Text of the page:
Deirdre McGovern loves a nice garden. These days, however, she does not get much of a chance to work on her own.
She has a “gammy foot”, she says. “It’s holding me up, it’s limiting. I love gardening, but you need two legs to garden.”
Independent by nature — a doer, she says — for most of her 86 years of life, McGovern now finds herself somewhat inhibited by her leg.
Also, her husband of 61 years, Patrick, is in a nursing home. “That’s another kind of a drawback. There’s nobody here,” she says.
Nobody, that is, bar her small dachshund, Bobby.
“He’s brown and he’s lovely and I love him to bits,” says McGovern. “And he thinks I’m great too, which is nice … I often think if the dog could make a cup of tea, that would be great. He would if he could.”
But Bobby can’t, and after some recent encouragement from a friend, McGovern reached out to the NGO ALONE at the beginning of the Covid-19 pandemic.
From mid-March to September, ALONE’s national support line got more than 30,900 calls in, and staff and volunteers made more than 166,600 calls out, says a spokesperson.
In Dublin during that time, there were 6,909 calls from or to the national support line. Of those, 2,051 calls were from first-timers like Deirdre McGovern.
The impact of loneliness on older people is well-researched.
“Older adults who lived alone had a higher risk of social isolation than those who lived with others,” says a report from the Irish Longitudinal Study on Ageing (TILDA) published in October 2019.
Social isolation was associated with “poorer self-rated health, functional limitations, poorer quality of life, and depressive symptomology”, the study found.
With lockdown, and many cocooning, loneliness among older people has worsened, says Sean Moynihan, CEO of ALONE.
“There’s a group of older people for whom what happened was they may have been a bit cut off or lonely or needing support,” he says. “What coronavirus meant was they had to reach out for that support for the first time.”
Moynihan and his team face a challenge, too, maintaining social links with older people seeking support, while sticking to social-distancing guidelines.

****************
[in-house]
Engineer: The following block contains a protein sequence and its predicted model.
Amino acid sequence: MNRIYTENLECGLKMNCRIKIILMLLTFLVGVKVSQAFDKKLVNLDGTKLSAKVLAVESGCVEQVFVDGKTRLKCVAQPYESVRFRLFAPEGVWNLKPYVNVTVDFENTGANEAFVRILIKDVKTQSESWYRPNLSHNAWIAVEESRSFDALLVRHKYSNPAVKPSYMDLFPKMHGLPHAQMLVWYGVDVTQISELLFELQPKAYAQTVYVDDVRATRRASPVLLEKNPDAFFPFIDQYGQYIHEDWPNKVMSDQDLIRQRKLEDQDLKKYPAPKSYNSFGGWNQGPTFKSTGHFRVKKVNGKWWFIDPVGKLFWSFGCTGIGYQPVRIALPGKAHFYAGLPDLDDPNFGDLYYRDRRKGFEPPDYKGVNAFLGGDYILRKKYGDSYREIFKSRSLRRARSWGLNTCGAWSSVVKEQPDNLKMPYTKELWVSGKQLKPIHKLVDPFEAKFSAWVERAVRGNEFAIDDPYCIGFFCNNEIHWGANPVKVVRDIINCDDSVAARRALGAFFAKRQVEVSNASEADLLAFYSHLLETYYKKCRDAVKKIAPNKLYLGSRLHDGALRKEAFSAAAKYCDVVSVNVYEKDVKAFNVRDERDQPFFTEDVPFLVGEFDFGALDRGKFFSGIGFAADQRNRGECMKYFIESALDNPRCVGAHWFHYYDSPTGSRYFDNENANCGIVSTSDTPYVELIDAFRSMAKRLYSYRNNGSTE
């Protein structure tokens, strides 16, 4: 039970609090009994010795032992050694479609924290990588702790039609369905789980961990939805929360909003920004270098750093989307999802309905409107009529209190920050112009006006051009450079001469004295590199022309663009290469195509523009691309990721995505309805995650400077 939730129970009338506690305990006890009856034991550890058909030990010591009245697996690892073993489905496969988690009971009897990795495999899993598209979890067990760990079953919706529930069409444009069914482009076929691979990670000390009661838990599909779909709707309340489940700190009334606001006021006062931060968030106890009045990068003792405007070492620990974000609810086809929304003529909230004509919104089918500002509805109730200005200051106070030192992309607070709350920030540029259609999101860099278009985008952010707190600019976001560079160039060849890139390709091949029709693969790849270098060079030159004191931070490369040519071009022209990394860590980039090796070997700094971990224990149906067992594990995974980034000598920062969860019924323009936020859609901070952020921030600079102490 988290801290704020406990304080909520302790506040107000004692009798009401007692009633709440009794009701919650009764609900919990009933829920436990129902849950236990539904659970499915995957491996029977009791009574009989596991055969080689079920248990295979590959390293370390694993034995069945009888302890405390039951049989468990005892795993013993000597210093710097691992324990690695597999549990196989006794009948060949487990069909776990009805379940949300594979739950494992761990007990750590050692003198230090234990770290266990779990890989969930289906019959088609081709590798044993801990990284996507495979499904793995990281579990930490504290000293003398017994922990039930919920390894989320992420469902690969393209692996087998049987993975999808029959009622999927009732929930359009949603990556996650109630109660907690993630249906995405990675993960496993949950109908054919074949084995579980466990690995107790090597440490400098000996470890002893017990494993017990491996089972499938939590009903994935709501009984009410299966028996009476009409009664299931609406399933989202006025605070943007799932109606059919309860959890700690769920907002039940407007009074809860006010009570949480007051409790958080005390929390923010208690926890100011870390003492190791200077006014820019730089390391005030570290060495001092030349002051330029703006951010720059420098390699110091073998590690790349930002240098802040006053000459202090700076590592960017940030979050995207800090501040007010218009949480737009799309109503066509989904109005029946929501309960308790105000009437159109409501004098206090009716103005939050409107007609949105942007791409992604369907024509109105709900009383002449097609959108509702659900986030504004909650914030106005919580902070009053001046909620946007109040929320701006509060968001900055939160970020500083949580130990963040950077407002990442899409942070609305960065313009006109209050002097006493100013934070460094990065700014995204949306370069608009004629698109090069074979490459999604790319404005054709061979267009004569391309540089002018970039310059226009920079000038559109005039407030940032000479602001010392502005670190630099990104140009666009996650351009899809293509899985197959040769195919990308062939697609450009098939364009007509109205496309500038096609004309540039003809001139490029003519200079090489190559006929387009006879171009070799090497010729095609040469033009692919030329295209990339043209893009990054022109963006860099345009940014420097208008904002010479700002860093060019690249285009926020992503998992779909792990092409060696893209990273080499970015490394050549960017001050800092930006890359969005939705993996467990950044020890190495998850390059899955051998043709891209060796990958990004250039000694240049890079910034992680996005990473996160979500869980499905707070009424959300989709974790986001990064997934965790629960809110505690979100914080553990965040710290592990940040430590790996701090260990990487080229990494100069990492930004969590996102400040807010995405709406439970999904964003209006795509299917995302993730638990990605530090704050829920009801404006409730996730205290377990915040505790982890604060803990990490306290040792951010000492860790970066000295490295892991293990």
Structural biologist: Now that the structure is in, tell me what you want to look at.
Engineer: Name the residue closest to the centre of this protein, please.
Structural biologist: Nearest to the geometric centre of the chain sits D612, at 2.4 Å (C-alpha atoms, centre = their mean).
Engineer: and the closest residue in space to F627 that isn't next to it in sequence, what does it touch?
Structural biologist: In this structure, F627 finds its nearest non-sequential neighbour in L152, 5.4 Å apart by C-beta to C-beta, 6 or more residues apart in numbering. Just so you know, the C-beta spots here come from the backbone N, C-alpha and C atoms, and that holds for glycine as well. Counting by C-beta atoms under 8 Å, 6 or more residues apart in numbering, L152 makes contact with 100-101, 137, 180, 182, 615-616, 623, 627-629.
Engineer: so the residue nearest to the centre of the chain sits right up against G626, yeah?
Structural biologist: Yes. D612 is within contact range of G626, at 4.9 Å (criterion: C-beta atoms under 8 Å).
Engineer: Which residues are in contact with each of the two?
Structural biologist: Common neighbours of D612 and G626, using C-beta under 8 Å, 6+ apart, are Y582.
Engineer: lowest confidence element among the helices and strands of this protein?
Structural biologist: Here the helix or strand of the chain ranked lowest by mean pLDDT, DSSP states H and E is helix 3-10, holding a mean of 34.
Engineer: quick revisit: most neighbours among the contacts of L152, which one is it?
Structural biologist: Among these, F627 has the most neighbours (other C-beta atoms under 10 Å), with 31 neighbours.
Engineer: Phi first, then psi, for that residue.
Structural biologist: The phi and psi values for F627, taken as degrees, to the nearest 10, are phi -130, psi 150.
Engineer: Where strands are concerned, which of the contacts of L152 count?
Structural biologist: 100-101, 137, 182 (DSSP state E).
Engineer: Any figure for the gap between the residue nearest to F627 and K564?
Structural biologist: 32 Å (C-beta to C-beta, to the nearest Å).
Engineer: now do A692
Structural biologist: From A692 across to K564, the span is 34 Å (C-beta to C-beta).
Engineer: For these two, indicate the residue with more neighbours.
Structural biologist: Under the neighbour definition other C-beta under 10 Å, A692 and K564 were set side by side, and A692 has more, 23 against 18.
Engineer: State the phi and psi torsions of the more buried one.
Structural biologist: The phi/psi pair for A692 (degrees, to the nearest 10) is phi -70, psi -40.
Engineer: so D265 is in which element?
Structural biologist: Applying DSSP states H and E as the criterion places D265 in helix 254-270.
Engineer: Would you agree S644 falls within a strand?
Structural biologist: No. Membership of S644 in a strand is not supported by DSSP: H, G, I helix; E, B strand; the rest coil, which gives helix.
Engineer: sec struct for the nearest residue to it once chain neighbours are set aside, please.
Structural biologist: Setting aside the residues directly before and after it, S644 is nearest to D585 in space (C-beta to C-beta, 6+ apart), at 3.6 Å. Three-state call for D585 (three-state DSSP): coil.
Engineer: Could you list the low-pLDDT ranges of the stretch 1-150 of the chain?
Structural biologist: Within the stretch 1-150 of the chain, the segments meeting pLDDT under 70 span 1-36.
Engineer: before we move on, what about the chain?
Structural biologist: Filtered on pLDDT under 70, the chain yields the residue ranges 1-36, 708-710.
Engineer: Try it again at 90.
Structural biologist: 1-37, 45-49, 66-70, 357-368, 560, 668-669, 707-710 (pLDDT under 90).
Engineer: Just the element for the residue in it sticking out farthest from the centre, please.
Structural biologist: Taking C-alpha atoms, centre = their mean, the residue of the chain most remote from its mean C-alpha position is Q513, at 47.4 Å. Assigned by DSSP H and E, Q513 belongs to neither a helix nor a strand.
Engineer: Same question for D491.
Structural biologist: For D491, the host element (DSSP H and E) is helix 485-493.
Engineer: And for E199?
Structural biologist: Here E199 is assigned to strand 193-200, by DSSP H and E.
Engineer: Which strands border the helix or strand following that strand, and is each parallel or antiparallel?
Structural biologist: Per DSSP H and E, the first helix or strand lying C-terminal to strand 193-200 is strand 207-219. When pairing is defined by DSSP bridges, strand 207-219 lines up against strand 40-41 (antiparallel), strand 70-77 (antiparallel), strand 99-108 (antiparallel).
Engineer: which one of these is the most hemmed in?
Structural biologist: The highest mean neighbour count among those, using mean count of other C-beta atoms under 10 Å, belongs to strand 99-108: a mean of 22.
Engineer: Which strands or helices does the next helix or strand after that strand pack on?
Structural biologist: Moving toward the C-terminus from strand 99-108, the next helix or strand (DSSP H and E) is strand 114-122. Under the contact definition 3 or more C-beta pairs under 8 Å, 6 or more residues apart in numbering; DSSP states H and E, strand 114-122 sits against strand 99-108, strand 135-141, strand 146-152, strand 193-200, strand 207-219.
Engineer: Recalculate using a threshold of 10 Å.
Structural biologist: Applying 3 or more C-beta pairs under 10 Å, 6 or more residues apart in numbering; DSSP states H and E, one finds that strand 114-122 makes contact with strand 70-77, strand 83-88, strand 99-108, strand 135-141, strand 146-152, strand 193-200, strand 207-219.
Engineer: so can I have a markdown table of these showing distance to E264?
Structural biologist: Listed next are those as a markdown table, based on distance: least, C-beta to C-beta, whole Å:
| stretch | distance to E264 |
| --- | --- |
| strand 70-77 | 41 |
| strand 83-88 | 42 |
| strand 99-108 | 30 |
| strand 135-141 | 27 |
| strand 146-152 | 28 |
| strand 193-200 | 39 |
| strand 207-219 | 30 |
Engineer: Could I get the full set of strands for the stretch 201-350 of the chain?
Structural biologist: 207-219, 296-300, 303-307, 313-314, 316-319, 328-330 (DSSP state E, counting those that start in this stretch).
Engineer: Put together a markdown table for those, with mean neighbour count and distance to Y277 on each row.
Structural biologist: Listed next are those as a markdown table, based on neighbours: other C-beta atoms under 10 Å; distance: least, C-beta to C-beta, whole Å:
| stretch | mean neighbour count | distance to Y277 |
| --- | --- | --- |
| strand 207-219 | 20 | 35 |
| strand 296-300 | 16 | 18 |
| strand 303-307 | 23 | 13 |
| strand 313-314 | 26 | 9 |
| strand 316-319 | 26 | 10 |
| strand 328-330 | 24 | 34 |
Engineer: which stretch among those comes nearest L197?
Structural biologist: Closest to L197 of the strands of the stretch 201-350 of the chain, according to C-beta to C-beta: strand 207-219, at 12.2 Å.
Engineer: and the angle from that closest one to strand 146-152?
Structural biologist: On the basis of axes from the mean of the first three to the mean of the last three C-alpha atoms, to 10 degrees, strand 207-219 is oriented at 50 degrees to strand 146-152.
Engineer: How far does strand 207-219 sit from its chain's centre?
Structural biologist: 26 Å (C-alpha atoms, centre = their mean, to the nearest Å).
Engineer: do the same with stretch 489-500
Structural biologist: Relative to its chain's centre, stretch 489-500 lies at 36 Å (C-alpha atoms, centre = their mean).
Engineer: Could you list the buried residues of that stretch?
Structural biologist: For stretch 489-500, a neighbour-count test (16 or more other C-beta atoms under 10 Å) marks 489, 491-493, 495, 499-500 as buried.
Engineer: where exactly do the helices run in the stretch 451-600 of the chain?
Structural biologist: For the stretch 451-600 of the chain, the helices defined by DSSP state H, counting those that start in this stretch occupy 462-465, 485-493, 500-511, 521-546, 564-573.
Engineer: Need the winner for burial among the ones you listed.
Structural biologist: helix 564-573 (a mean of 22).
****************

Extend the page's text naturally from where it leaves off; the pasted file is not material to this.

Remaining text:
That meant garden visits, patio visits, and ring-arounds, he says.“We had to organise a workaround because we can’t leave people to struggle.”
There should be a community service for social needs, says Helen Fitzgerald, a regional coordinator for Sage Advocacy, an organisation that advocates for vulnerable adults, older people, and healthcare patients.
People call their GP if they’re sick, or their public health nurse. “[What about] resources for if you are lonely in the community?” says Fitzgerald, who did her psychology master’s thesis on combating loneliness in older people.
Moynihan agrees. “We really need to build a system that is more focused on providing healthcare, support, combating loneliness within the community,” he says.
“Not just providing medical services in a queue in hospitals and nursing homes,” he says.
McGovern said she was reluctant to reach out at first, fearing further loss of independence. But she now enjoys the conversations she has with volunteers.
“Somebody started to ring me every week. Still do. Nice people. Could be from anywhere in the country, and we talk about dogs if they have a dog,” she says. “You know, just a chat.”
Brian Rothery and Carley Minchin, too, have formed an unusual friendship.
Rothery, 86, is twice Minchin’s age, and the pair lead different lives. Minchin is an accountant. Rothery, a retired journalist.
They met when they were matched by ALONE.
“I guess I was always brought up to try and give back when you can and if you can,” says Minchin on her decision to volunteer.
She signed up, did an intro course with ALONE, and was paired with Rothery. They soon bonded.
When they met, Rothery’s life had undergone a massive change. He had lost his sight and had to move from the fairly remote farmhouse in Wexford, to a granny flat next to his daughter’s home in south Dublin.
“I could no longer see the food in my fridge and I could no longer go out into the yard,” he says. “If I went out into my yard in Wexford, and I turned in the wrong direction, I wouldn’t know where I was.”
The granny flat was fitted with panic buttons and a phone for Rothery to reach his daughter. But he still had concerns, he says. “I was saying to myself, ‘what am I going to do with the rest of my life?’”
Rothery reached out to the local public health service, who set him up with a carer, meals on wheels – and put him in touch with ALONE.
Minchin and Rothery met weekly in person at first. With the lockdown, they switched to Zoom.
Rothery has gotten to know Minchin’s kids through Zoom.
“The way his face lights up the minute he hears one of my kids come near the computer. He knows which voice is which,” says Minchin. “My daughter started ballet and he’d be like, ‘How did you get on?’
Says Rothery: “I know all about her children. I know the ages of them, I know exactly what they’re doing. It keeps me in touch with the world.”
More needs to be done to help older people get set up with technology, says Minchin. It might be a way to link in with people in more remote places, she says.
Fitzgerald says some older people might be reluctant to engage with new technology. “But with a pandemic, that might change.”
Minchin says older people simply need to be taught about technology.
Minchin helps Rothery with his podcasts, which he posts regularly on Spotify and YouTube, and with his pitches to RTÉ and other broadcasters.
Rothery, in return, has helped Minchin re-evaluate a poem she had studied, and hated, for the Leaving Cert: “Paradise Lost”.
Minchin has found a confidante in her friend too. “If I had an issue or a problem, that I wasn’t sure who to talk to, I’d 100 percent tell Brian.”